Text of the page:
Mercy

Mercy

by Andrea Dworkin
     
 

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If Andrea Dworkin is the Malcolm X of feminism, then this novel is her version of his autobiography. . . . She is brilliant, her anger is a polished and dangerous instrument, and even some of the people she's marked as enemies can hope she finds her way. –– Madison Smartt Bell, Chicago TribuneSee more details below

Overview

If Andrea Dworkin is the Malcolm X of feminism, then this novel is her version of his autobiography. . . . She is brilliant, her anger is a polished and dangerous instrument, and even some of the people she's marked as enemies can hope she finds her way. –– Madison Smartt Bell, Chicago Tribune

Editorial Reviews

Publishers Weekly - Publisher's Weekly
In her nonfiction books ( Letters from a War Zone ) and her first novel ( Ice and Fire ) Dworkin established a reputation as a provocative writer of feminist literature. She gives her own name to the protagonist/narrator of this powerful, almost frenzied, admittedly autobiographical novel that chronicles her life and sexual victimization. ``Andrea'' gets her first taste of sex at age nine when she is molested in a movie theater. A rebellious teenager, she hangs out in Greenwich Village, idolizes Allen Ginsberg and is swept up into the peace movement. Penniless, streetwise but not street-smart, Andrea is continually and brutally raped by lovers, acquaintances, strangers. The novel's unparagraphed prose--like Andrea, intense, jumpy, impassioned--brilliantly captures the narrator's mental and physical degradation. As her life disintegrates, she repeats three facts--her name, her place of birth and the poet Walt Whitman's address in Camden, N.J., on a street where she was born--as a mantra anchoring her to reality. The most sexually graphic and horrifying scenes involve her marriage to a European revolutionary who abuses and burns her as she desperately tries to be a good bourgeois housewife. It is no wonder that the novel's ending finds Andrea committed to the women's movement. While Andrea's high-pitched voice is at first hard to take, its vehemence and candor build to a convincing indictment of a society that tolerates violence against women. 25,000 first printing; author tour. (Sept.)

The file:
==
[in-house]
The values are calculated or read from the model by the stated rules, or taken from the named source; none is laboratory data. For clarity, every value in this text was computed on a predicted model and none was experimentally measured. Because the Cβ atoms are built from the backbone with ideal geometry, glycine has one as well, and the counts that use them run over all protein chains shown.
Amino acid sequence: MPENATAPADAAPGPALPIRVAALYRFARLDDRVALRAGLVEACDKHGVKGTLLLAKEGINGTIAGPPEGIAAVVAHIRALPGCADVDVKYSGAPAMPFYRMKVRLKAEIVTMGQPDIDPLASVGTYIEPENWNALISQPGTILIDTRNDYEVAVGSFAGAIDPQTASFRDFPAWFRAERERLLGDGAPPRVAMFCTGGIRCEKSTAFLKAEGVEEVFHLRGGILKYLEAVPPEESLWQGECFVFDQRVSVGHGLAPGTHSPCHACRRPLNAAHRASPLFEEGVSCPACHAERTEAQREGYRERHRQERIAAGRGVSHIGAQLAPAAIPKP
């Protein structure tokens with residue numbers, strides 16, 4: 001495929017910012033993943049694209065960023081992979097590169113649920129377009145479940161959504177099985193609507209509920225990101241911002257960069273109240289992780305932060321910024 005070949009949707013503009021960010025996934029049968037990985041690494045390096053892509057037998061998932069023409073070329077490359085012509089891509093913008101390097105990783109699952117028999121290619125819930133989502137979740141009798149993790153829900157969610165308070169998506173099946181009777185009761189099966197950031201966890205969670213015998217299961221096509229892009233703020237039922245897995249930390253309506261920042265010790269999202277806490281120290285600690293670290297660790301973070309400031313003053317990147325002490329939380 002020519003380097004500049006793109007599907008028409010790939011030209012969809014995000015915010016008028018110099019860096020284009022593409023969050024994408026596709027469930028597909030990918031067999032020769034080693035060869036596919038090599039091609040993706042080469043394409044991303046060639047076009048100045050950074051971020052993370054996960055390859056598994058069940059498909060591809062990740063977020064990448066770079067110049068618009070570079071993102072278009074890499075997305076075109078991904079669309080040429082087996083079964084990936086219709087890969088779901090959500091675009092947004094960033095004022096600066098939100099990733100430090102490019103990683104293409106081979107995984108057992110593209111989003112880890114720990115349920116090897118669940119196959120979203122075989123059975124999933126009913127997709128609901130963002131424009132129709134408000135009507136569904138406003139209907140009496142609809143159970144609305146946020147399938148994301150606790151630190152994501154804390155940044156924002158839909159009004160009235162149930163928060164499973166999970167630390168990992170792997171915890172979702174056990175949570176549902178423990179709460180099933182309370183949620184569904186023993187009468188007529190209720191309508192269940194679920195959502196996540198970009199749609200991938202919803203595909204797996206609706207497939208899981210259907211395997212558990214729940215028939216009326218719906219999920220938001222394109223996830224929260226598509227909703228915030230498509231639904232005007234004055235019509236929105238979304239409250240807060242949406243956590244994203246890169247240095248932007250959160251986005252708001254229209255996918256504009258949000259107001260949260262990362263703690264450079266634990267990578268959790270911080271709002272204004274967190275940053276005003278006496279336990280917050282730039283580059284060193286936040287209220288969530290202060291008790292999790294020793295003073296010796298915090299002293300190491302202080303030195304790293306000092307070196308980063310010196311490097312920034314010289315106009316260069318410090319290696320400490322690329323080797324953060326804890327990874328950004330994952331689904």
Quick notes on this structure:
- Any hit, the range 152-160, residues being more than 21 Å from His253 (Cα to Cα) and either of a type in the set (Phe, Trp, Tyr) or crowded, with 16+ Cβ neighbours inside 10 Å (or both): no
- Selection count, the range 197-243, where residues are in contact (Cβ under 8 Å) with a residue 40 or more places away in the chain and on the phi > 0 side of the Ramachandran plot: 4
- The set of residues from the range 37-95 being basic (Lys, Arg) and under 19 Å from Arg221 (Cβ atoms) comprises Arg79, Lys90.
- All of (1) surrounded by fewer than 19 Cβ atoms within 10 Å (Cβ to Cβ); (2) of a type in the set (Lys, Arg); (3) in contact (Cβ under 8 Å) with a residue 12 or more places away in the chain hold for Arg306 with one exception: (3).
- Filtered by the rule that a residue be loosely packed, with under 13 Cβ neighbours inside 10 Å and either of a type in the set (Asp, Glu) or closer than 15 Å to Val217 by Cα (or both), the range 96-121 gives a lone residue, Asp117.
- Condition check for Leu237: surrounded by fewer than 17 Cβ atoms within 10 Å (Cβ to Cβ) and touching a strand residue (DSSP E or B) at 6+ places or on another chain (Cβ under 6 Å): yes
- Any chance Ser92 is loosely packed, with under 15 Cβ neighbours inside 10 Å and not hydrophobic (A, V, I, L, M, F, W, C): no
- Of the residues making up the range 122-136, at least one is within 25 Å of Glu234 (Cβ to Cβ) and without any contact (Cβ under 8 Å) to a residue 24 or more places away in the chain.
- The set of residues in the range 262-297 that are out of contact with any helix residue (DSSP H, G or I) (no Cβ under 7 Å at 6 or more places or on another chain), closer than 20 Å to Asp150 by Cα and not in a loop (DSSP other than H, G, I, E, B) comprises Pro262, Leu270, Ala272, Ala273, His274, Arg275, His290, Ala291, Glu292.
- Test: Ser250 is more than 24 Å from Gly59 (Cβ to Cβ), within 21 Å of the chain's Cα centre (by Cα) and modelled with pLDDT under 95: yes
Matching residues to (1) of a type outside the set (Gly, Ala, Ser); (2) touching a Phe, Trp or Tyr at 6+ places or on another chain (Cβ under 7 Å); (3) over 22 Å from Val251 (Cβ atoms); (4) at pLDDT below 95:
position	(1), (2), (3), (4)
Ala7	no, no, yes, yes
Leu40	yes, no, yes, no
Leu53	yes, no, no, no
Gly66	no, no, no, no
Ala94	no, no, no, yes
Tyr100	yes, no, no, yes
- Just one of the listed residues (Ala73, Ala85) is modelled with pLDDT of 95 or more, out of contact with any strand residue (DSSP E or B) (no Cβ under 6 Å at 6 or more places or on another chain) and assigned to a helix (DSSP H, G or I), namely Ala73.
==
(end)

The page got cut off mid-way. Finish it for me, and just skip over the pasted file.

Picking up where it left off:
Library Journal - Library Journal
In this work, the well-known author of numerous books on women, feminism, and pornography has created an unusual, highly charged, and formally provocative account of one woman's life of increasingly horrific violence and sexual abuse by men. The book begins when the protagonist, Andrea, is nine years old and has just been the victim of a sexual assault by a stranger in a movie theater. From that point on, the reader is carried at a dizzying pace through chapters in Andrea's progressively darker and more disturbing life until Andrea, at 27, comes to the decision that the only response to the kind of violence she's suffered all her life at the hands of men is simply to start killing them. Unfortunately, the compelling, stream-of-consciousness pacing of the narrative begins to break down early in the book, becoming a harsh diatribe that, ultimately, Dworkin's skill as a writer is not sufficient to carry.-- Jessica Grim, Oberlin Coll. Lib., Ohio

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Product Details

ISBN-13:
9780941423694
Publisher:
Avalon Publishing Group
Publication date:
01/01/1993
Edition description:
A Four Walls Eight Windows 1st ed
Pages:
352
Product dimensions:
5.85(w) x 8.56(h) x 1.29(d)

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